Your second and third points are spot-on, however, and really hit at a key principle too few security teams appreciate: normalization of deviance. This approach fails badly in the real world where IT security says “don't open attachments from people you don't know” and everyone's manager says “oh, it's totally normal to get passworded ZIP files from the HR services subcontractor. Open it, we have a deadline!”. The real lesson here should be defense in depth so your organization's security isn't jeopardized when one person opens the wrong email.
Devs want to make secure systems, but they have VERY LIMITED TIME. Security is always something that is #1 in the bullet points of a presentation of priorities, and always a distant priority in the boots on the ground of features and keeping shit running.
What I've noticed is that the security team doesn't want to be responsible for cleanup or doing lots of work or engineering. They want to make presentations for the upper management, pick some enterprise partners to impose on the orgs, and kick back in offices. Most know little about cryptography or major incidents. If a great security practice like "sync ssh keys" or other things that may require a bit of legwork, they don't want to do it.
They'd rather load down the devs. They'd rather come in and review the architecture rather than provide drop-in solutions. If something needs customization for interface with SSO or getting credentials, they drop the integration in the devs laps. Who's supposed to be the experts here? The security team should own whatever craptastic enterprisey shit they select, and ALSO be responsible for making it useful to the dev org.
The biggest example of this is the desire for "minimum permission". Take AWS for example with its explosive number of permissions, old and new permissions models, and very complicated webs of "do I need this permission" and "what permission does this error message mean I'm missing". And ye gods, the dumb magic numbers in the JSON, but anyway. If the security team wants AWS roles with "minimum viable permission" THEY need to be experts in the permission model and craft these VERY COMPLICATED permission sets FOR THE DEVS. And if the Devs need more, they need to very quickly provide (say < 1/2 day) new permissions in case some new S3 bucket is needed or some new AWS service is needed. But security teams don't want to do such gruntwork.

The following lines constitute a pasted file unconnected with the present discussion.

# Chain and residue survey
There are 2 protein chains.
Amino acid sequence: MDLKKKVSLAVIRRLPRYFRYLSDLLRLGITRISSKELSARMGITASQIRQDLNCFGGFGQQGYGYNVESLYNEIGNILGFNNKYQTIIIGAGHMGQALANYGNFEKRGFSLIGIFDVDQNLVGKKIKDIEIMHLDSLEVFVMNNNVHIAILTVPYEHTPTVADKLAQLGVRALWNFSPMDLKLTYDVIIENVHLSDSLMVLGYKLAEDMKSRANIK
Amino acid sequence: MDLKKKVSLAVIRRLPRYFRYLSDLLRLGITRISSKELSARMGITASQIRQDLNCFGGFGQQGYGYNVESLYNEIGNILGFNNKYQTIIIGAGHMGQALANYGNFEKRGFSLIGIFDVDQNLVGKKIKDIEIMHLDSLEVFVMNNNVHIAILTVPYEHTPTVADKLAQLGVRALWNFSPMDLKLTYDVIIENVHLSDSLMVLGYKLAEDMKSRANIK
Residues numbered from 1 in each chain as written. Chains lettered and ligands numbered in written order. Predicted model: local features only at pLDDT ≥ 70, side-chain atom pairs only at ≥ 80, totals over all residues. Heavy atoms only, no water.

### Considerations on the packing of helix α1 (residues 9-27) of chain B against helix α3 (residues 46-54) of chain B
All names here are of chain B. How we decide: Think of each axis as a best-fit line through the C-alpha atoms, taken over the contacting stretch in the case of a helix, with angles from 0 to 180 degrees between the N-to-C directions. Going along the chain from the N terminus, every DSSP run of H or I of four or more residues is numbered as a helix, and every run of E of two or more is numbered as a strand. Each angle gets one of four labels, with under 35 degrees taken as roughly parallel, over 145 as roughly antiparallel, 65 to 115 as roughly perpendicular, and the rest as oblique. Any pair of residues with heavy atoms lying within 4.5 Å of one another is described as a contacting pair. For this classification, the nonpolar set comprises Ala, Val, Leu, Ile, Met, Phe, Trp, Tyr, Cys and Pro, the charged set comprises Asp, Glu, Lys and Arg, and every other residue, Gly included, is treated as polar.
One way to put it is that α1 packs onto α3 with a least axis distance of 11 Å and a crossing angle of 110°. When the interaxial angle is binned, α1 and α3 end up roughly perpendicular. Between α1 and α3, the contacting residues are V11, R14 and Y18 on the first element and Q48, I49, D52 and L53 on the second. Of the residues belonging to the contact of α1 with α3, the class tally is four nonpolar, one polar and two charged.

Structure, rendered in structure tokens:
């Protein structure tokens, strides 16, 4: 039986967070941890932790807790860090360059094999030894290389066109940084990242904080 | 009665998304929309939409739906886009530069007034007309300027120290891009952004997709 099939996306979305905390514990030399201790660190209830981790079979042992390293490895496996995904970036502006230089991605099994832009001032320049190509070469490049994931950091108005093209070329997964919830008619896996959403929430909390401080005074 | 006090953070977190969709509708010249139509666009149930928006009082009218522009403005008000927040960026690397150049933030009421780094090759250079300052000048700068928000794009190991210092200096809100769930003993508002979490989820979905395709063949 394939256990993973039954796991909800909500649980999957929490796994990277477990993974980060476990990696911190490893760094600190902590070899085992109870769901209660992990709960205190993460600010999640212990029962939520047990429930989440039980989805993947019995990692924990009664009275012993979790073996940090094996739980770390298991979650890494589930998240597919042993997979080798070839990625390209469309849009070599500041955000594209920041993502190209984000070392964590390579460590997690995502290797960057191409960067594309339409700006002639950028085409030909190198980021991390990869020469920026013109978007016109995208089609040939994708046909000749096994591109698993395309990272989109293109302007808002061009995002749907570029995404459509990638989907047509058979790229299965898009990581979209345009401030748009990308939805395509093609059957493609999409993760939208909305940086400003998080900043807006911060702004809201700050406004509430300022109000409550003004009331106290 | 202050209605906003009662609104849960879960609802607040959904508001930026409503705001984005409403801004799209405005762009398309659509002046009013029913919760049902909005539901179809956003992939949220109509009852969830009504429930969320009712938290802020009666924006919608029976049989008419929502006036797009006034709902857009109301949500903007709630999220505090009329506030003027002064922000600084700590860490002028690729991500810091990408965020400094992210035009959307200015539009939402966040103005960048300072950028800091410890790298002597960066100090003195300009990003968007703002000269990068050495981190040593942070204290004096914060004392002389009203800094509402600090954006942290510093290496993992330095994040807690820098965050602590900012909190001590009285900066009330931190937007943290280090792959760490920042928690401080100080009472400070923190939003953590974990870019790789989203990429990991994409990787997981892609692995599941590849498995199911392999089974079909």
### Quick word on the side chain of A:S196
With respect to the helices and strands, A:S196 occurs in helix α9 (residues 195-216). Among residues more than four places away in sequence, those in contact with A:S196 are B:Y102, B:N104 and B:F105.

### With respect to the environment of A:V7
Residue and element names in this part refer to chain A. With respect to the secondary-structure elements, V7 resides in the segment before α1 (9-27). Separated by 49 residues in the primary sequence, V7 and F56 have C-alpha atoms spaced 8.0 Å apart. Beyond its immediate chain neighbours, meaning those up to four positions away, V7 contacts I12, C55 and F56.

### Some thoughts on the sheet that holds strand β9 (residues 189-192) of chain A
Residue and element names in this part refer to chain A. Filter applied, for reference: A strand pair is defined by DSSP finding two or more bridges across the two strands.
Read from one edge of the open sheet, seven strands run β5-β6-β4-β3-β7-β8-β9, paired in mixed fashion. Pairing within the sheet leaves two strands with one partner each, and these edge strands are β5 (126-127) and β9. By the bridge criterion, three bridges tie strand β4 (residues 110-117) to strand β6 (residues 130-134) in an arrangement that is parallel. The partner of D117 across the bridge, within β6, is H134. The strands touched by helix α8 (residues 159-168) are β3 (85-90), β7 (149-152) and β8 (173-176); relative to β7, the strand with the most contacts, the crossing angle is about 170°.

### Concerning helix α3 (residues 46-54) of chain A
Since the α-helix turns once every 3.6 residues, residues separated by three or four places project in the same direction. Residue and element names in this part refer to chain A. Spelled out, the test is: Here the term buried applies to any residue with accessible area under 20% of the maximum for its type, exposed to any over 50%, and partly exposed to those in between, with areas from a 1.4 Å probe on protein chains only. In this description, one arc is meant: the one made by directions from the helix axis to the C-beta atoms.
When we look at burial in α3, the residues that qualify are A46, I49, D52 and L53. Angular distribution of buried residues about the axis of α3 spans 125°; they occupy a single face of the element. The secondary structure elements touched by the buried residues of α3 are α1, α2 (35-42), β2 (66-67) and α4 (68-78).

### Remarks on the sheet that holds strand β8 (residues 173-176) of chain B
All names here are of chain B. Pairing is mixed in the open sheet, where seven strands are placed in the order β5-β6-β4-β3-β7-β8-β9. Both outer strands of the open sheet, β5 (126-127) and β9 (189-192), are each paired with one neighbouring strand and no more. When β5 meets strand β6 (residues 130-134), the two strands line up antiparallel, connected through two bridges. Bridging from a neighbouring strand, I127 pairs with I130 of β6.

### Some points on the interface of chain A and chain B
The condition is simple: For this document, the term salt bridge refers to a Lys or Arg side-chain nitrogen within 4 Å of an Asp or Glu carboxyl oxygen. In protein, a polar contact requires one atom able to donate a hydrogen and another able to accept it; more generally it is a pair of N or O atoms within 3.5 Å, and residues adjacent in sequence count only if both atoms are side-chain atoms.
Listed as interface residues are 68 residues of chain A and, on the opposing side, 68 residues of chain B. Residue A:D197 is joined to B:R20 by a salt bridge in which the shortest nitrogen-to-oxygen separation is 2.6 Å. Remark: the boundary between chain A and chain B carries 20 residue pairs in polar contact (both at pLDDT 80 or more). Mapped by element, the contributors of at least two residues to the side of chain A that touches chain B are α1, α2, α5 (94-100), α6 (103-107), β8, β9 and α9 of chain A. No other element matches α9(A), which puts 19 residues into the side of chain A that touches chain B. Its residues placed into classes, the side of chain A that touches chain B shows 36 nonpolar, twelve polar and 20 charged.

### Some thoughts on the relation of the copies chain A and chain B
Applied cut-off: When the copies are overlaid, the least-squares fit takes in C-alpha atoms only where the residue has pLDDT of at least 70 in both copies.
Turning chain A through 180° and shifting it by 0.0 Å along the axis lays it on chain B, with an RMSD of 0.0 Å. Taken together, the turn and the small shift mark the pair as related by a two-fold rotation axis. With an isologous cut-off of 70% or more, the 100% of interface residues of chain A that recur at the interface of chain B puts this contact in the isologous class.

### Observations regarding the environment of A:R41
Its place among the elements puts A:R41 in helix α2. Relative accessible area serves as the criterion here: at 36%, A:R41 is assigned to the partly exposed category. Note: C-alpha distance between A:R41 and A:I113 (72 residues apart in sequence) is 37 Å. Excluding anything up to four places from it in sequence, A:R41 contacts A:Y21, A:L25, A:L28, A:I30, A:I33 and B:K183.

2) recognize that automated infrastructure is the rule, not the exception, aka the devs are not the enemy
It took sooo long for ssh keys to become prevalent in development that people weren't ssh'ing in using passwords. Like, decades. This practice represented a big leap in administration productivity and probably was more secure.
And you could automate on top of it in shell scripts, not leave passwords in .history, lots of good things.
And the security industry wants you to undo it. Wants TOTP passwords from your phone hand-typed, wants a web page to pop up to gain temporary credentials, pretends you know how long your process will run so those temporary credentials won't expire and if you do, what, you're supposed to manually re-authenticate?
Security at my last job wanted an ssh replacement to be used (the enterprise security industry is waging war on ssh/sshd) that if I used it from the command line IT POPPED UP A BROWSER PAGE. And no way to automate this for any task.
In general security teams seem obsessed with making devs lives as hard as possible. Are most leaks via dev channels? In my experience the BIG leaks are "County Password Inspector", phishing, disgruntled/angry employees selling access. Well, and credentials checked into github. Most places I've worked at have involved this steadily slide into less and less usability by the devs, at GREAT cost to productivity, for questionable payoff in actual platform security.
Meanwhile, no joke, ssl protocols on internal password reset sites were using such poor algorithms that Chrome was refusing to display it. Githubs were open to the public that shouldn't have been. 8-character limit passwords with proscribed character usage.
I don't think the author intended to say that you can prevent all problems, I think they meant you can't just shrug and say "we can't help but get hacked". You can stop all problems from becoming critical, which is what airlines attempt to do.
They talk earlier about defense in depth, so it's obvious that they're not oblivious to the need for redundant safety measures:
> "We don't need a firewall, we have good host security" - no, you don't. If your network fabric is untrustworthy every single application that goes across the network is potentially a target. 3 words: Domain Naming System.
> "We don't need host security, we have a good firewall" - no, you don't. If your firewall lets traffic through to hosts behind it, then you need to worry about the host security of those systems.
Maybe I'm being too harsh, but my interpretation of that point is that they expect we'll eventually become perfect, which isn't going to happen in the software world as it hasn't happened in the airline world, even though the airline world has more incentives to be perfect in the form of more penalties when it isn't.
As long as software has bugs and accepts user input, there are going to be ways to make it do things it shouldn't. You can avoid running specific known vulnerabilities. You can avoid creating certain kinds of dumb and obvious ones. But barring, like, formal verification, it is always possible for someone smarter or more patient than the original software development team to think real hard and come up with an edge case they didn't. And operational or system-level controls can only do so much about that.
Preventing every security vulnerability is the same problem as writing bug-free code. And that is manifestly not happening, not even in the most sophisticated software development operations in the world.